Digital Fine Print - The Book
Art, photography, and the decisions that unify the two are the pivotal elements to make photographs with, dare I say it, soul and meaning. You purchase cameras, lenses, computers, and printers, and then you strive to make a print that reflects something you felt at the time of exposure. This is another of life's curve balls - you have a process that sounds so simple yet is amazingly challenging to execute. Many photographers find this difficult because, easy as it appears, it's quite a journey to take a feeling and make it into something you can put in a picture frame. You struggle to translate the reason-for-shooting into an image that has meaning to others (and maybe they'll even purchase it). There's that fundamental breakdown between understanding the original inspiration (why you clicked the shutter) and how to take those raw materials and transform them into a moving, inspiring photographic print.
It's not easy. If it were, we'd all be making a living as artists. Yes, you can read all the technical books to learn about exposure, contrast, and color, but without a foundation of critical expressive thinking, you're on your way to making cliche's at best and mediocrity at worst.
So how can you best approach this combined goal of mastering both aesthetics and technique? And how do you go about designing your personal workflow so you spend more time with the creative and fun parts of photography and less time shaking your head at prints that look nothing like what you envisioned?
Reading this book, you will discover an author who makes the intelligent and much appreciated effort to define the "whys" of photography in addition to the much easier "hows." Indeed you know you're dealing with a photographic artist when he takes the time to explain the difference between ambient and reflected light. Heck, how many digital imaging authors even take the time to talk about light in general terms? In a typical Photoshop book, you're more apt to encounter a longer exploration of the Eyedropper tool than you are to glean any appreciation for the qualities of light that make an image a winner or a sleeper. Bottom line: most of us need as much help with the decisions of aesthetics as we do with the mechanics of photography. Score another point for George DeWolfe's approach.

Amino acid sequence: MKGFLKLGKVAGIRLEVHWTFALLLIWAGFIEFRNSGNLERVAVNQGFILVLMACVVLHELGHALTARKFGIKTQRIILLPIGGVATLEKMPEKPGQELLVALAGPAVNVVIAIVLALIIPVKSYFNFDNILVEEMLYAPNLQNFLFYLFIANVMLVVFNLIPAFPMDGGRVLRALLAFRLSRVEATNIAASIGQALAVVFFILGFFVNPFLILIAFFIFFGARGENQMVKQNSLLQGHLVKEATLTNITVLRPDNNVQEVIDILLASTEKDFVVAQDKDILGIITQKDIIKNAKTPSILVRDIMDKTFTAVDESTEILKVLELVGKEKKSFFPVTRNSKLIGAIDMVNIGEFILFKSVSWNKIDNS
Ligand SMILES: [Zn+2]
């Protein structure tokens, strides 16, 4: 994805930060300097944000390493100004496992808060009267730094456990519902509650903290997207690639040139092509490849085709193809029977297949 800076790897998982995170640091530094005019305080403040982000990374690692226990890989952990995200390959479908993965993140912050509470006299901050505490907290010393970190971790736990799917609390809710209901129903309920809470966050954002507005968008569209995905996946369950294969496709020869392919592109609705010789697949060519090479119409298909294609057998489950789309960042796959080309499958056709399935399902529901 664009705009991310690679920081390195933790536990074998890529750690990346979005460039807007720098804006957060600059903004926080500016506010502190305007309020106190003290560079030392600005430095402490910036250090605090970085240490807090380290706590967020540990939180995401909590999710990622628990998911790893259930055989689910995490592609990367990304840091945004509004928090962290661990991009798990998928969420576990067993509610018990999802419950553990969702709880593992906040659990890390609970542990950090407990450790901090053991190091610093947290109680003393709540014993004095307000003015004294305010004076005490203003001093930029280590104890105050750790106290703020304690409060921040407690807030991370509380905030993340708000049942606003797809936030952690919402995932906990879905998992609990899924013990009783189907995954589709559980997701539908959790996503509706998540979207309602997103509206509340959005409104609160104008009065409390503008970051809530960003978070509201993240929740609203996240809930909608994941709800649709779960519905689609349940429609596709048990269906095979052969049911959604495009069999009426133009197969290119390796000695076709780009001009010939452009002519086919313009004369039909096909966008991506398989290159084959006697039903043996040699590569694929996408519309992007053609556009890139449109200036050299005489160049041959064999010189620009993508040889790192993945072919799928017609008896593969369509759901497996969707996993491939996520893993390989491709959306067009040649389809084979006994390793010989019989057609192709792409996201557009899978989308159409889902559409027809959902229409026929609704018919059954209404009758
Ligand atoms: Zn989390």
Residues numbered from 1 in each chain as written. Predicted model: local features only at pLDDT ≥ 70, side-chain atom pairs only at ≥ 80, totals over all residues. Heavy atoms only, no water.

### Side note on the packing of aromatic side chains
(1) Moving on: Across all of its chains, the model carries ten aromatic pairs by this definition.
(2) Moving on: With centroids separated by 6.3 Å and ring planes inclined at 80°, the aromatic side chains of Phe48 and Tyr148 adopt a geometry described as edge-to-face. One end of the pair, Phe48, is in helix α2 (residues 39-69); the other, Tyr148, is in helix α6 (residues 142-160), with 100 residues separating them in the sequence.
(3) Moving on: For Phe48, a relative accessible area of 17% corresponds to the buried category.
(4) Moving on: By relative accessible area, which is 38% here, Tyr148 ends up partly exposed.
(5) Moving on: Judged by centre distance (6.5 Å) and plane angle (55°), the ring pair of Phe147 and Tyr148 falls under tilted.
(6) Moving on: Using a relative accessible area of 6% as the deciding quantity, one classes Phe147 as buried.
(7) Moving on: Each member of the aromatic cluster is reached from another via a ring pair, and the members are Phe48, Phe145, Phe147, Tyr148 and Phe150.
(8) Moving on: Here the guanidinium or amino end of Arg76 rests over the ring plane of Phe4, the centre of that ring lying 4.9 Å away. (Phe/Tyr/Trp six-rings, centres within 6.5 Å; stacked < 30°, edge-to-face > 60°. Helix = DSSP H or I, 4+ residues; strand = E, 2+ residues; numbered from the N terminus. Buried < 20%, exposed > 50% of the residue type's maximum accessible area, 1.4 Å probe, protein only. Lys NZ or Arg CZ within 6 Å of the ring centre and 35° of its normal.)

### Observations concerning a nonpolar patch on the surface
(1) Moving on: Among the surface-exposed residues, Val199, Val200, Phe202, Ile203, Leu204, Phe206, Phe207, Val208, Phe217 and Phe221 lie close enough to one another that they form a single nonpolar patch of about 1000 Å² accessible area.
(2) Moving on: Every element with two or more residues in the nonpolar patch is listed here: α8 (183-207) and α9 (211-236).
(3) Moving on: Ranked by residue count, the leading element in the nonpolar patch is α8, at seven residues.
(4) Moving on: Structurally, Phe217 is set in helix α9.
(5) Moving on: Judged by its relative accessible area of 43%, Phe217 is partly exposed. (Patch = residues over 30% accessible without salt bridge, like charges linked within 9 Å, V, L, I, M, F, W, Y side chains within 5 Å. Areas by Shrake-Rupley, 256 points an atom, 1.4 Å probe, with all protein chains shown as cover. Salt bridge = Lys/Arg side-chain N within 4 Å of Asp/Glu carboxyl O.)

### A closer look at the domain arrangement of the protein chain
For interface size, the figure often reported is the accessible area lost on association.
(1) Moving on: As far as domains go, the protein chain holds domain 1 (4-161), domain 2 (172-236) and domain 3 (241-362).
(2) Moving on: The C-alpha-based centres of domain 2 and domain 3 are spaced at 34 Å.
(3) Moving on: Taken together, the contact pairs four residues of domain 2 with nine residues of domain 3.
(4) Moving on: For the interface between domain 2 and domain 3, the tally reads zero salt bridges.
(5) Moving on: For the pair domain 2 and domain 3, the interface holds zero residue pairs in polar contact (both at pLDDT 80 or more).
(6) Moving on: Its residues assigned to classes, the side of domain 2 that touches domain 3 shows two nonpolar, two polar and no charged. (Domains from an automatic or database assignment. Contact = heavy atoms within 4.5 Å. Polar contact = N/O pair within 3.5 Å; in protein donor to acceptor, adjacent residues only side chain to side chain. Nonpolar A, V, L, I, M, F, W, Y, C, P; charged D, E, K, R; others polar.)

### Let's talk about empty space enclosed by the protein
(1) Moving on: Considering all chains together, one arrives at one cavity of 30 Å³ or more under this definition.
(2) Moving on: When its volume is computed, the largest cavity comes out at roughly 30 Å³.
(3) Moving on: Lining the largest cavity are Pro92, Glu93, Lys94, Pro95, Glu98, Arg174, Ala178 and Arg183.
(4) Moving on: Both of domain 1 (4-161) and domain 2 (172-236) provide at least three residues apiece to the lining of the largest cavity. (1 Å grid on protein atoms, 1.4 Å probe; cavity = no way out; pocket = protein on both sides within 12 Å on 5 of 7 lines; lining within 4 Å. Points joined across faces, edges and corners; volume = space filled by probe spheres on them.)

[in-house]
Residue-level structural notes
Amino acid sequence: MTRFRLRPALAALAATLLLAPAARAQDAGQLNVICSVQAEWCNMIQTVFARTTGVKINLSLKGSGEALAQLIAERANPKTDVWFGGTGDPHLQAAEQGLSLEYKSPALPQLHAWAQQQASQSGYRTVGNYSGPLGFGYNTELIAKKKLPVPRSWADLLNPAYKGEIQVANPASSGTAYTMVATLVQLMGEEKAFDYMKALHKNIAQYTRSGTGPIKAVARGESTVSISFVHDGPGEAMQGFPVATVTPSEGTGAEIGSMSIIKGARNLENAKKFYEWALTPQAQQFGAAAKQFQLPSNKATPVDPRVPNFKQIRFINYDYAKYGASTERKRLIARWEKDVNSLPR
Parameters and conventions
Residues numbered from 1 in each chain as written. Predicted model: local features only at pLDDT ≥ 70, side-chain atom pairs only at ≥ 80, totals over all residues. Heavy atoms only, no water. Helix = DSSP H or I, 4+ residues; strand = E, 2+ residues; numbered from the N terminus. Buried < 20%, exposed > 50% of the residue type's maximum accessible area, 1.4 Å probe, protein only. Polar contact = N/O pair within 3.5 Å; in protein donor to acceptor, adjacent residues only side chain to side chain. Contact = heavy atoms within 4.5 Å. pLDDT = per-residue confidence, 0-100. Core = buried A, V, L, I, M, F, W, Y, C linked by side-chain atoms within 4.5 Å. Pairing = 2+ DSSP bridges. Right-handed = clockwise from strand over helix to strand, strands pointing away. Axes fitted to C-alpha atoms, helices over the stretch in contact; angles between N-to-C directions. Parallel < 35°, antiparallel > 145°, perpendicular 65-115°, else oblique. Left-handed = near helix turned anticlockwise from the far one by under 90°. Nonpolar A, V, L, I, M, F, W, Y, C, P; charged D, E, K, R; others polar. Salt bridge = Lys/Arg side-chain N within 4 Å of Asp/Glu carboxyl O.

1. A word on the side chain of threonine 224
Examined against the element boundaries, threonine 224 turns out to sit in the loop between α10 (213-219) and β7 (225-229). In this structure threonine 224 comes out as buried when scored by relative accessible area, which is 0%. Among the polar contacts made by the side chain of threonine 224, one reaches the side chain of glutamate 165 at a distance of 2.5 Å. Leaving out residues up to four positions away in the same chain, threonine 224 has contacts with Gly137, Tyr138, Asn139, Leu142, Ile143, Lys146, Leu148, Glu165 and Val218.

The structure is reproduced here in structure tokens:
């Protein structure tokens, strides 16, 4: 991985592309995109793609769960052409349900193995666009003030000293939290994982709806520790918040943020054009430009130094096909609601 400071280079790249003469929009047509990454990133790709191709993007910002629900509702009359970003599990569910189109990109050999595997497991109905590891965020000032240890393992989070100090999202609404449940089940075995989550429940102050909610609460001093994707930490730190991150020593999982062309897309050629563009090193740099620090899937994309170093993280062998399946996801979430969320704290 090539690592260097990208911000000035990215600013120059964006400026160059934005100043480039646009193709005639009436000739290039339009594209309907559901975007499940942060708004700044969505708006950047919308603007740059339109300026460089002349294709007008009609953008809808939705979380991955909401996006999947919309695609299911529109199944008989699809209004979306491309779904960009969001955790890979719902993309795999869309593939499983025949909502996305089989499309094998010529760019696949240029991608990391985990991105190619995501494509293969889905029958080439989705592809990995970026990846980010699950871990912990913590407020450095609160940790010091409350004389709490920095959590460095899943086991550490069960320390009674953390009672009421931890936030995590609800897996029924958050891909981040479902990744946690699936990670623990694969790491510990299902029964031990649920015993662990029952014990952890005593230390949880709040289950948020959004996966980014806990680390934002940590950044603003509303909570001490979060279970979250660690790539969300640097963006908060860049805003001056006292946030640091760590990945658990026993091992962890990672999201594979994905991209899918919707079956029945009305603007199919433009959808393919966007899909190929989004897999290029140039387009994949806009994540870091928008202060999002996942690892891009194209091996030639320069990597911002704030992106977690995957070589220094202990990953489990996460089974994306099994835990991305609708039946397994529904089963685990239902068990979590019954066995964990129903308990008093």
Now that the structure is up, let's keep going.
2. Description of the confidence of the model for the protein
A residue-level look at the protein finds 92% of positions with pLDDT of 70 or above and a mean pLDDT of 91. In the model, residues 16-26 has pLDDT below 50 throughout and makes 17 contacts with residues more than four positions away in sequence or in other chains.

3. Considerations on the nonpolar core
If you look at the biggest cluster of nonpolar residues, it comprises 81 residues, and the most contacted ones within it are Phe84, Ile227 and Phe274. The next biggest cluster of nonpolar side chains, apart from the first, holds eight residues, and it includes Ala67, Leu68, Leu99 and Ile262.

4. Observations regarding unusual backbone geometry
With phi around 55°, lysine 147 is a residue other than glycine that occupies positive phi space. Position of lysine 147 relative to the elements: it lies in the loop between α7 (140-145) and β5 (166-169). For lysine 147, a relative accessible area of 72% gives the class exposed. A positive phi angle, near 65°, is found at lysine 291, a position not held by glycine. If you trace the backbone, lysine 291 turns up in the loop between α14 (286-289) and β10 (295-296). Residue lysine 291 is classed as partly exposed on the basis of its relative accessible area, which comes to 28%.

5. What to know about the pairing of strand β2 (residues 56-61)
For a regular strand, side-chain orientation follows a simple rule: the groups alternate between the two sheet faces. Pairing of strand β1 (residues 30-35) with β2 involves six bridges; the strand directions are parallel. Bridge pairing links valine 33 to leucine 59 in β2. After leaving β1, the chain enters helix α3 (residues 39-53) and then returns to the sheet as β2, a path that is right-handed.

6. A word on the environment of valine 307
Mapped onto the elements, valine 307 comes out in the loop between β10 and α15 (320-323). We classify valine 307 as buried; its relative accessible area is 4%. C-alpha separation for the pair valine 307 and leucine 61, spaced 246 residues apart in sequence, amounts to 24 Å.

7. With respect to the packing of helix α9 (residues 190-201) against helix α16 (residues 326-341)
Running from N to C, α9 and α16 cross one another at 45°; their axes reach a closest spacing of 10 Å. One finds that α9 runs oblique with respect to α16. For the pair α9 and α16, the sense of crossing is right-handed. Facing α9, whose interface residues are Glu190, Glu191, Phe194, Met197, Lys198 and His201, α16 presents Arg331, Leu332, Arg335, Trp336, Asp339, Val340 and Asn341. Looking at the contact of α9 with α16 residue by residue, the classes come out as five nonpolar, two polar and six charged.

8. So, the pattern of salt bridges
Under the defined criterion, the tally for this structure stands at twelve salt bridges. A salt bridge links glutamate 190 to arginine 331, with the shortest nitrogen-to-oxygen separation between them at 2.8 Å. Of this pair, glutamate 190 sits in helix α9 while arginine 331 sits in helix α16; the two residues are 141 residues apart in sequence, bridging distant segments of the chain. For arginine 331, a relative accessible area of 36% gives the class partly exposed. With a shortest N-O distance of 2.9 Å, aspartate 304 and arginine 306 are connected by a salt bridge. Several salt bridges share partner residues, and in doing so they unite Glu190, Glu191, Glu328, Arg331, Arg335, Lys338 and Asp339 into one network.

As something of a digital pioneer myself (the first edition of my Making Digital Negatives for Contact Printing was published in 1995, during the Paleolithic period of digital imaging), I've witnessed the right way and the wrong way to navigate the amazing metamorphosis of photography as it changes from a chemo-mechanical realm into a digital-ink discipline. Anyone who reads books to learn has encountered authors who know how to do things themselves, and in contrast, authors who know how to teach others to do those same things. Happily George DeWolfe falls into the second camp. His style is authoritative but never condescending. He's scientific when needed but never technical for technical's sake. In other words, he takes pains so you don't feel overwhelmed or misled. And, I must add, he is not a computer nerd. His explanations are spot-on, simple, and concise. What more could you want?
You have to decide where your interests in art and technique intersect. George feels strongly that the craft and art of photography are intimately connected. His joined-at-the-hip approach will leave artists with jaws dropped. George certainly explains how to achieve prints with glowing highlights, seductive midtones, and deeply lush shadows. But more important, he shows you how to think like an artist, making decisions about color, tonality, sharpness, and all the rest from years of experience. Yes, this is the stuff that separates the technicians from the artisans and George is a master. On the other hand, if your idea of digital excellence is using as many of Photoshop's blending modes as possible in each and every image, you might want to look elsewhere. Believe me, if flexing technical muscles is your primary passion, George won't be disappointed at losing you as a reader. For the rest of us, we leave his last pages as better artists and better digital printers.
So do you really need yet another "Photoshop book" cluttering your desk or bookcase? The short answer is "Yes," as long as the author has conveyed his passion for photography and has written in understandable language. And guess who has done just that? Yep, George DeWolfe. With his help, you'll be putting more of your own feelings into those picture frames.
- Dan Burkholder (Forward to Digital Photography Fine Print Workshop)